Paul McGowan writes: I’ve been thinking recently about our discussions on tone controls a few weeks ago. Initially I objected when a commenter suggested we could use tone controls selectively to improve recordings. That seemed to violate the purity of the recording. After all, isn’t the goal to get as close to what the recordist’s wanted you to hear in the first place?
Maybe not. Actually, when I think about it, I don’t really care what the original intent of the recording was.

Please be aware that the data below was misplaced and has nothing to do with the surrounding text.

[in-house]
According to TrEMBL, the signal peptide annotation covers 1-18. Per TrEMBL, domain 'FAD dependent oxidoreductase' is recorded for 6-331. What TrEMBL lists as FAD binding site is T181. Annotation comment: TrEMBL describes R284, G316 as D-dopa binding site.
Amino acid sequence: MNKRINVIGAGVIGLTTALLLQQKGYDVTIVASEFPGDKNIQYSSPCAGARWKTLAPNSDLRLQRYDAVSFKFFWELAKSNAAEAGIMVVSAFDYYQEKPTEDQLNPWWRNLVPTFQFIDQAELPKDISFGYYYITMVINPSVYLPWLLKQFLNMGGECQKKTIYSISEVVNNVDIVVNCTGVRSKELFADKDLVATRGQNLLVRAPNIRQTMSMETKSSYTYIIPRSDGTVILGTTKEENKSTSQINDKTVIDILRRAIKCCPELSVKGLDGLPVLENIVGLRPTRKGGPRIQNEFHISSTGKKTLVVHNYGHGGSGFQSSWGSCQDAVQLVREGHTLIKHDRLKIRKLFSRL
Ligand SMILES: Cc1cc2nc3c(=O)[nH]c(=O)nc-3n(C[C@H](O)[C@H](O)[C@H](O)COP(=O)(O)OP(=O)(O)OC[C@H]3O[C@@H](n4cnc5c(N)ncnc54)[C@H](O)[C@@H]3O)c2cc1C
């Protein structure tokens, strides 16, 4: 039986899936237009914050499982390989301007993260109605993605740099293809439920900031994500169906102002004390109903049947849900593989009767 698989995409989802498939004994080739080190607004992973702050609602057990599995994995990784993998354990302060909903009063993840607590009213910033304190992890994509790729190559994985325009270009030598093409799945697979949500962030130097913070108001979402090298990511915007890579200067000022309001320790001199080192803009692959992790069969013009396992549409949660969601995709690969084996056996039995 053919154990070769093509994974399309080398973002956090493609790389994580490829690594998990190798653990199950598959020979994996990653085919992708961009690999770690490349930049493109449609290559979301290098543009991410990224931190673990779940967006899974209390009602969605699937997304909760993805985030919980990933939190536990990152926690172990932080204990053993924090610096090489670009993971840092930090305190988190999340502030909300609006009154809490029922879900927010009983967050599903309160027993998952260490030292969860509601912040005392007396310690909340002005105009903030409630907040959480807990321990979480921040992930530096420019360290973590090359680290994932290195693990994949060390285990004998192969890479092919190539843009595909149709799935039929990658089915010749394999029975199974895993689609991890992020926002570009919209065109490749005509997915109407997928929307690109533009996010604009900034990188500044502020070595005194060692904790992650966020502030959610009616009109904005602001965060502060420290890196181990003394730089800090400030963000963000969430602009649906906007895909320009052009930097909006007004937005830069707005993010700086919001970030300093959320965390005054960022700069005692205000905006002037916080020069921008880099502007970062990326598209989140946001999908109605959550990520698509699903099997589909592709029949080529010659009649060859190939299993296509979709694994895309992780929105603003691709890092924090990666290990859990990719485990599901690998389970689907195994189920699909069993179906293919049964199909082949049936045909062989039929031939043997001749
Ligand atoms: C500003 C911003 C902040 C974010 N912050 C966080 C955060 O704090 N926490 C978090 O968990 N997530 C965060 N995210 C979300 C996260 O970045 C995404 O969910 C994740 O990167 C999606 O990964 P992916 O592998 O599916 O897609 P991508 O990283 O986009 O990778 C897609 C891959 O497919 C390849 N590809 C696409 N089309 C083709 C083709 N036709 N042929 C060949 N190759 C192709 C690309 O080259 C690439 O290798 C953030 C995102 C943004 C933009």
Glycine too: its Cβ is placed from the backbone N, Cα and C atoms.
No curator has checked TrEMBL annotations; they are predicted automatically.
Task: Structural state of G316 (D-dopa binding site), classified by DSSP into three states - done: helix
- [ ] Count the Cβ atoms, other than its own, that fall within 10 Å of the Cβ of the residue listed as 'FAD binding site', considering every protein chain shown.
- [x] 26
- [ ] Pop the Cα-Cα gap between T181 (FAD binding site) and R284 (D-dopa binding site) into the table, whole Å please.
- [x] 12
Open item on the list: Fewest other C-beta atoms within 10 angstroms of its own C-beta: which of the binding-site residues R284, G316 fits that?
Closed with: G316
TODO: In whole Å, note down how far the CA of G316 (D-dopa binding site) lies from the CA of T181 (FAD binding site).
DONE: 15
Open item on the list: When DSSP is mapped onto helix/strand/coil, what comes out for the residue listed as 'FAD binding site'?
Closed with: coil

I am always doing whatever I can to getting as close as possible to a “live recording”. Live (not in the sense of an audience) means to me the system has gone away and I can make believe what I am hearing is actually in the room with me. Yes, that’s the goal; always.
So anything that gets me closer to the goal of having live musicians playing in my room is good.
Even if I have to “improve” upon the original purity of the recording to achieve that.
…and yes (horrors) even if tone controls get me there.